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PostPosted: Fri Nov 09, 2012 1:48 am 
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Recently I was working on a project and after a while things started to bubble up which wasn’t innitialy discussed or covered within the project scope documents. It started me thinking about a developers’ responsibility when developing a system for a client.

• Do I design the system to the client specifications, no deviation from the scope document?
• Do I design according to the specifications but suggest things that I think might be relevant to the project?

A very simple example below:
A client wants a system developed where users can enter their contact information (names, surnames, telephone numbers, email addresses); this information is then stored to a database and can be viewed at a later stage.

That’s the specifications as given by the client in the scope document.

As the developer when you look at the document, you can ask yourself some of the questions below (these are questions I ask myself and the client)

• Who will use this system, will an authentication system be required?
• What formats are needed for the data, formats for names, email addresses,telephone numbers?
• Can information be edited, deleted?

What if the client has no idea about the things above? Do you suggest them, do you avoid them? I’ve found that sometimes suggesting ideas that the client isn’t aware of leads to more and more things that the client wants in the system because one suggestion might spark a whole lot of new ideas.

If you don’t suggest something that the client isn't aware of, it could render the system (or data) pointless at a later stage. This will in my opinion reflect badly on the developer because "the developer never thought of it" will most likely be used as explanation.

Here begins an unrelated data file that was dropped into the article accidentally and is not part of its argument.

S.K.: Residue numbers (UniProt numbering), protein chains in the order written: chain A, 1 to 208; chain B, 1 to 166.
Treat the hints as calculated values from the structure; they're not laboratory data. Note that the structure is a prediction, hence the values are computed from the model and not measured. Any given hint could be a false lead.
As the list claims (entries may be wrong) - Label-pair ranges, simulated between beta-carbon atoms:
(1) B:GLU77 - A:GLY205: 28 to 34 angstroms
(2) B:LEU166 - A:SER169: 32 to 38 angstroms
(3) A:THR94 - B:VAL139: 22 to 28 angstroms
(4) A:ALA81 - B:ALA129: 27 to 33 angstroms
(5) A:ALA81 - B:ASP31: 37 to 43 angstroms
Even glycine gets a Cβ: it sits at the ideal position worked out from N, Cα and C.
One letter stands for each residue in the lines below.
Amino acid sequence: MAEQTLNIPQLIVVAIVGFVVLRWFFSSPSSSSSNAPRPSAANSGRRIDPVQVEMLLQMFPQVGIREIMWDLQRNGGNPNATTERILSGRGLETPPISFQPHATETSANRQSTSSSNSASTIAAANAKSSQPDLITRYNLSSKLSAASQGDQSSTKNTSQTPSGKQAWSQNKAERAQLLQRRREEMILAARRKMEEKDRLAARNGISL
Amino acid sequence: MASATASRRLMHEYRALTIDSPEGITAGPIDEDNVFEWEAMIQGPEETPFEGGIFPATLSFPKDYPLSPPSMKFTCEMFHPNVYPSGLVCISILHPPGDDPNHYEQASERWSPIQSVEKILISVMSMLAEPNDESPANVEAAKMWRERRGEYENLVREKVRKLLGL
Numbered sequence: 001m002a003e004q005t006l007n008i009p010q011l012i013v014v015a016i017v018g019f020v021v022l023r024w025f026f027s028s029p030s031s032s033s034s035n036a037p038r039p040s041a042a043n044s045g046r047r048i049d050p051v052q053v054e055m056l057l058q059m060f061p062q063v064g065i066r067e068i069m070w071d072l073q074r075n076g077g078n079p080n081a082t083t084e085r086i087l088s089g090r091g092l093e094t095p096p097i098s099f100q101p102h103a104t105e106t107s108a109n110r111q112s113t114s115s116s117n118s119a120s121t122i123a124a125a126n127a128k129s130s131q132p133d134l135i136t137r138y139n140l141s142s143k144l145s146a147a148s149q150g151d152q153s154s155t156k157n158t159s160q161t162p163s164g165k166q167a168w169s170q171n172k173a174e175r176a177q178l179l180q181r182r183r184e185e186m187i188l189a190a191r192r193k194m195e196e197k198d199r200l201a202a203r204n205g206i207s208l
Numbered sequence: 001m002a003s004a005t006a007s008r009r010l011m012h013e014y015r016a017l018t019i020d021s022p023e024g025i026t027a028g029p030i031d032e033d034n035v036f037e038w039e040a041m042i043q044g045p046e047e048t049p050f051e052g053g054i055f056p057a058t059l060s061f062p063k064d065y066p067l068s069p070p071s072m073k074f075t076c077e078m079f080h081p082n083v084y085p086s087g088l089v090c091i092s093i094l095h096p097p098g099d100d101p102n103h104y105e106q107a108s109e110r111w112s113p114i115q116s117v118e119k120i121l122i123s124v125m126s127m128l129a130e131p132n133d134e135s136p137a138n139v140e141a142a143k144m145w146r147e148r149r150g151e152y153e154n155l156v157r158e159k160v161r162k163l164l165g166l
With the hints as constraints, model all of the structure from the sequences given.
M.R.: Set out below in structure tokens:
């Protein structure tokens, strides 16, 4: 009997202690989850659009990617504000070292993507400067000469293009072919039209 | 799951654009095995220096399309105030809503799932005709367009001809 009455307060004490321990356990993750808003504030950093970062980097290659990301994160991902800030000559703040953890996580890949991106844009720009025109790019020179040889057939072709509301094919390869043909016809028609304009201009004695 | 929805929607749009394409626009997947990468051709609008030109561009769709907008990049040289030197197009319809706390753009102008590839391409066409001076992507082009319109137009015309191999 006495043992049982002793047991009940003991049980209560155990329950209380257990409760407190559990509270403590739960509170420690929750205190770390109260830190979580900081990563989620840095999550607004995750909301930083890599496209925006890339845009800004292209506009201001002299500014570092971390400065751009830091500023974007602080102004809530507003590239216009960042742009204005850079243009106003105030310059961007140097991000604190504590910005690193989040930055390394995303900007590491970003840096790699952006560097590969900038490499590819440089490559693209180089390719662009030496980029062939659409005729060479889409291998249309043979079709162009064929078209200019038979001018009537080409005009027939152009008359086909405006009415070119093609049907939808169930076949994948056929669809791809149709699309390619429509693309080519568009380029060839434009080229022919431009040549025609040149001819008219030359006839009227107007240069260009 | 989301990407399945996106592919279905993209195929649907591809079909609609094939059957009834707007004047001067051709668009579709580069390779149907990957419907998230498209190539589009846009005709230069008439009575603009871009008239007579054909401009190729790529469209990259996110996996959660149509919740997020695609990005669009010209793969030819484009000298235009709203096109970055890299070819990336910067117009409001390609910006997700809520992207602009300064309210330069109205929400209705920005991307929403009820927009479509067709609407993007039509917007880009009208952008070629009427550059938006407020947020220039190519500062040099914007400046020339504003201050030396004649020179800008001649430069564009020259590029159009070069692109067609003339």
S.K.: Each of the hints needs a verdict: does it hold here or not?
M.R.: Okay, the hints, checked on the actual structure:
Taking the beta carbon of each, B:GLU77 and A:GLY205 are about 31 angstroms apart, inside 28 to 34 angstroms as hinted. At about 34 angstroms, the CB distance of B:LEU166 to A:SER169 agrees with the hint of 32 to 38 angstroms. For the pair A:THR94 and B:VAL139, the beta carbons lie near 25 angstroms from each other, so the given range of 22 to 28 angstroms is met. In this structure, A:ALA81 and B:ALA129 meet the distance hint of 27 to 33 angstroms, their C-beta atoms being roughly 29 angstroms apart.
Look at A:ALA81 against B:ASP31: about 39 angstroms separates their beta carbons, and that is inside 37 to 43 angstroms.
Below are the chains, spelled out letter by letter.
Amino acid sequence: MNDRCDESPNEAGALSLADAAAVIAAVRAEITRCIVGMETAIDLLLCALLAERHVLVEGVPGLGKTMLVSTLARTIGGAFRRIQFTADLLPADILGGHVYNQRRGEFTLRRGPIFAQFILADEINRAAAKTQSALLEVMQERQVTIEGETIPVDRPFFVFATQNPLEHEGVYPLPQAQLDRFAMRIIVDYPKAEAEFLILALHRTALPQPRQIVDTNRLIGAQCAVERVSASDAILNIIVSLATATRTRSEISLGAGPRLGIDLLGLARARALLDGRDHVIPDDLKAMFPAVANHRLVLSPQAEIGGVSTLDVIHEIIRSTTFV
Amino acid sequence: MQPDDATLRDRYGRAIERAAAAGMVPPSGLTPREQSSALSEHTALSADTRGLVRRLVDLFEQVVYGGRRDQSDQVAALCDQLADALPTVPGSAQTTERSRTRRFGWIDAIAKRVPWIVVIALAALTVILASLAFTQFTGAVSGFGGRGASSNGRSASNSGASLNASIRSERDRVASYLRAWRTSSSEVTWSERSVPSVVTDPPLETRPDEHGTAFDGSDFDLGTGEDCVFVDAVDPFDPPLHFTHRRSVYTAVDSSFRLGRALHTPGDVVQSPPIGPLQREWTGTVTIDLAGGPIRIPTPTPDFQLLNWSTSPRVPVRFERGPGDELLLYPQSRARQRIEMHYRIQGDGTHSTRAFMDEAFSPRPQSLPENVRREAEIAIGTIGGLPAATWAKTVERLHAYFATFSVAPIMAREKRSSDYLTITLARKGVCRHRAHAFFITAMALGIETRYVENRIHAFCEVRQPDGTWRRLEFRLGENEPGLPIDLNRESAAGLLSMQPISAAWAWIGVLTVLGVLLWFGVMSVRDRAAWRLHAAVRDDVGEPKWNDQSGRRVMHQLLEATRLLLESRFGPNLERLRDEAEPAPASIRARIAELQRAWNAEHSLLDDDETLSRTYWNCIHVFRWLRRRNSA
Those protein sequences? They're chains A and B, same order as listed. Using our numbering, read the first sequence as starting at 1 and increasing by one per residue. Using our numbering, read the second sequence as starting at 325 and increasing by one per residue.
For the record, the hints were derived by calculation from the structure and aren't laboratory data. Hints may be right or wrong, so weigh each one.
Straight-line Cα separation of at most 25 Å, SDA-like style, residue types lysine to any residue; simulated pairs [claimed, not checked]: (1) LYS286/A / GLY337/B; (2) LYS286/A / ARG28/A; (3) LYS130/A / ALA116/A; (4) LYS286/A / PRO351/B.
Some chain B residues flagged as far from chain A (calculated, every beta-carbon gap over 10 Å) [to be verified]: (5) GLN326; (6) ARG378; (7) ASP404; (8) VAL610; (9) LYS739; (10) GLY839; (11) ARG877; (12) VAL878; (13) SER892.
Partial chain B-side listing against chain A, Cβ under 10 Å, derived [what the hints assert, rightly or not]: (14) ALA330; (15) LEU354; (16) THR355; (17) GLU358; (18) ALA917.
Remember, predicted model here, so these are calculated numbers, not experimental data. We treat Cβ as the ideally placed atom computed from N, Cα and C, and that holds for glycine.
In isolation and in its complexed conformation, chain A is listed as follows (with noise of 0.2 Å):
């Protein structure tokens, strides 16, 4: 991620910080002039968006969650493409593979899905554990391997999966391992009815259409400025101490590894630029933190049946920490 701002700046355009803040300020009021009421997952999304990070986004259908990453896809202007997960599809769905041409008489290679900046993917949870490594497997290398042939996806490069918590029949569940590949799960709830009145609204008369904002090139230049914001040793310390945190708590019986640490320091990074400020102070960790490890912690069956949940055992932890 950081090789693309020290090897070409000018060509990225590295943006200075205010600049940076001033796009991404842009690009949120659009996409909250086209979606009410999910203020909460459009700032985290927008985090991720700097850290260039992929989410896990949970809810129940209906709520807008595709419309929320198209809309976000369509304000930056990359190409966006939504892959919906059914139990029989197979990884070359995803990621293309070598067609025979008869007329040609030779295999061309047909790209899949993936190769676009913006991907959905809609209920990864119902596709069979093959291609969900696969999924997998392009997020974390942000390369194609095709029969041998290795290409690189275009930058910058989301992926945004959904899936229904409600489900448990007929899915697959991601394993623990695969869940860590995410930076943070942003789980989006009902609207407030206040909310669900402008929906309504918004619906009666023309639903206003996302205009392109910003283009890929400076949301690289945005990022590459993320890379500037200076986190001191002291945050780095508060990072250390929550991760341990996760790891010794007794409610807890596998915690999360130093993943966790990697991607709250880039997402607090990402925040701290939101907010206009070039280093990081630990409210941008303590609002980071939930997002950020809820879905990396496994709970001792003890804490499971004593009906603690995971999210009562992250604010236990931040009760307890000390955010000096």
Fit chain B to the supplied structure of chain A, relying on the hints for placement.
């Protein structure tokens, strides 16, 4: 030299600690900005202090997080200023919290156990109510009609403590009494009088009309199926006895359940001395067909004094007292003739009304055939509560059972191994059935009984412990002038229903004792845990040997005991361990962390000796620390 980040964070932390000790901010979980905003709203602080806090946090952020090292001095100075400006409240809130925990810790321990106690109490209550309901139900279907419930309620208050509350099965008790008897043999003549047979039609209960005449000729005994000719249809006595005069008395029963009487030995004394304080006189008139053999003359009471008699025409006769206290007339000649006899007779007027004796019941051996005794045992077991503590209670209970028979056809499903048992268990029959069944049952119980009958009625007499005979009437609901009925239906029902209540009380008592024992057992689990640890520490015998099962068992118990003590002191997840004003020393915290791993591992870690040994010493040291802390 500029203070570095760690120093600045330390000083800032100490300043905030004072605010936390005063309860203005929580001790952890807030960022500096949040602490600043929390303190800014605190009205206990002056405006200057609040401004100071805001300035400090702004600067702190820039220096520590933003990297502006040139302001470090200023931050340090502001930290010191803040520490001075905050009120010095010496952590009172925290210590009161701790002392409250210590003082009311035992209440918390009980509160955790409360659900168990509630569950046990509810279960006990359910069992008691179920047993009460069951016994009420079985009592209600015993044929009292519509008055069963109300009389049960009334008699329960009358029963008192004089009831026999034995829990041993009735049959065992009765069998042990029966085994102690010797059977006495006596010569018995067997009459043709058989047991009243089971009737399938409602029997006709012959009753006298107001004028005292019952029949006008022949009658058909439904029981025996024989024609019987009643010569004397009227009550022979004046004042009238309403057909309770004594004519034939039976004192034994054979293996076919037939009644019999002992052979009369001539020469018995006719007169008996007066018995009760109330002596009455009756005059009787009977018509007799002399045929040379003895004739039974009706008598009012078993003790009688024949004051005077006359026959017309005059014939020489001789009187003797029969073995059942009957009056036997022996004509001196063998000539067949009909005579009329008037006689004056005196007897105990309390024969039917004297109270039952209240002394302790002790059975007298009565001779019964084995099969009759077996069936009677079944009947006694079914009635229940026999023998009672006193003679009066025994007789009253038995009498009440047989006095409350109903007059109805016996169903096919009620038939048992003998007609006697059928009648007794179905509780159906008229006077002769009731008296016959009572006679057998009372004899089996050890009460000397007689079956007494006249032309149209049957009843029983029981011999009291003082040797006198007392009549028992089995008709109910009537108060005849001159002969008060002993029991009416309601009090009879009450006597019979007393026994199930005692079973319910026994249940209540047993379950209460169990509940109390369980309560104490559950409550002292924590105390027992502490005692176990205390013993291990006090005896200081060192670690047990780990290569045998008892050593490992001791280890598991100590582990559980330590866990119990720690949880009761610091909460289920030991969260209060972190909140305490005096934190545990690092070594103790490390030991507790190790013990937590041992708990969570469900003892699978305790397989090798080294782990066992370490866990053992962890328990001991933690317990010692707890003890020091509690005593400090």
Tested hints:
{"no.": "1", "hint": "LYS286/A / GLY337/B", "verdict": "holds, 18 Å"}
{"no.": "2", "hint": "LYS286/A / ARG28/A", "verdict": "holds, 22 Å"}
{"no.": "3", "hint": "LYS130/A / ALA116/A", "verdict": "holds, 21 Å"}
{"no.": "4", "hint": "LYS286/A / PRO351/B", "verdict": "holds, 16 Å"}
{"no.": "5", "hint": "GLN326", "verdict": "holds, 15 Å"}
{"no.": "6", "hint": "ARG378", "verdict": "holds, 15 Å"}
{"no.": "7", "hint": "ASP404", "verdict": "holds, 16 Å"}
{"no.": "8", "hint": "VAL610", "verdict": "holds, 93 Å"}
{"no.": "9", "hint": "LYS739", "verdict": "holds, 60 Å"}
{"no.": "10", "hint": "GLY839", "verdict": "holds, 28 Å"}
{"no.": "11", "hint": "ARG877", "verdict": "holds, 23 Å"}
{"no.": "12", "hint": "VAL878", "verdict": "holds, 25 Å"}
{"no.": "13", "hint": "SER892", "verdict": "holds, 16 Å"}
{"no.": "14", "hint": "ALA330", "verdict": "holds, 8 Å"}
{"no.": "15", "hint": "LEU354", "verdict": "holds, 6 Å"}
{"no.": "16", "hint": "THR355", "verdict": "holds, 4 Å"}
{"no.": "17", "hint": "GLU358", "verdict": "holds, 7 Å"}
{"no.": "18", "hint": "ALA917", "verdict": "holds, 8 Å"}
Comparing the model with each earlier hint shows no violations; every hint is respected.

I always ask clients to be as detailed as possible about what they want but 90% of the time they still skip things that I think are relevant to the system. Do I just do what they ask and if something is not part of the the system pull up my shoulders and say “Well you didn't ask for it” ?

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PostPosted: Fri Nov 09, 2012 2:06 am 
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This is precisely why I refuse fixed-priced projects.

Even if you and the client have everything set in stone, as the project evolves, as the code is written, new ideas will arise. Call it feature creep if you will, but I digress it almost always happens.

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PostPosted: Fri Nov 09, 2012 4:27 am 
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PostPosted: Fri Nov 09, 2012 10:50 am 
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Yes

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PostPosted: Fri Nov 09, 2012 4:19 pm 
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PostPosted: Sat Nov 10, 2012 2:48 am 
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PostPosted: Sat Nov 10, 2012 7:58 am 
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PostPosted: Sat Nov 10, 2012 12:32 pm 
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PostPosted: Sat Nov 10, 2012 4:01 pm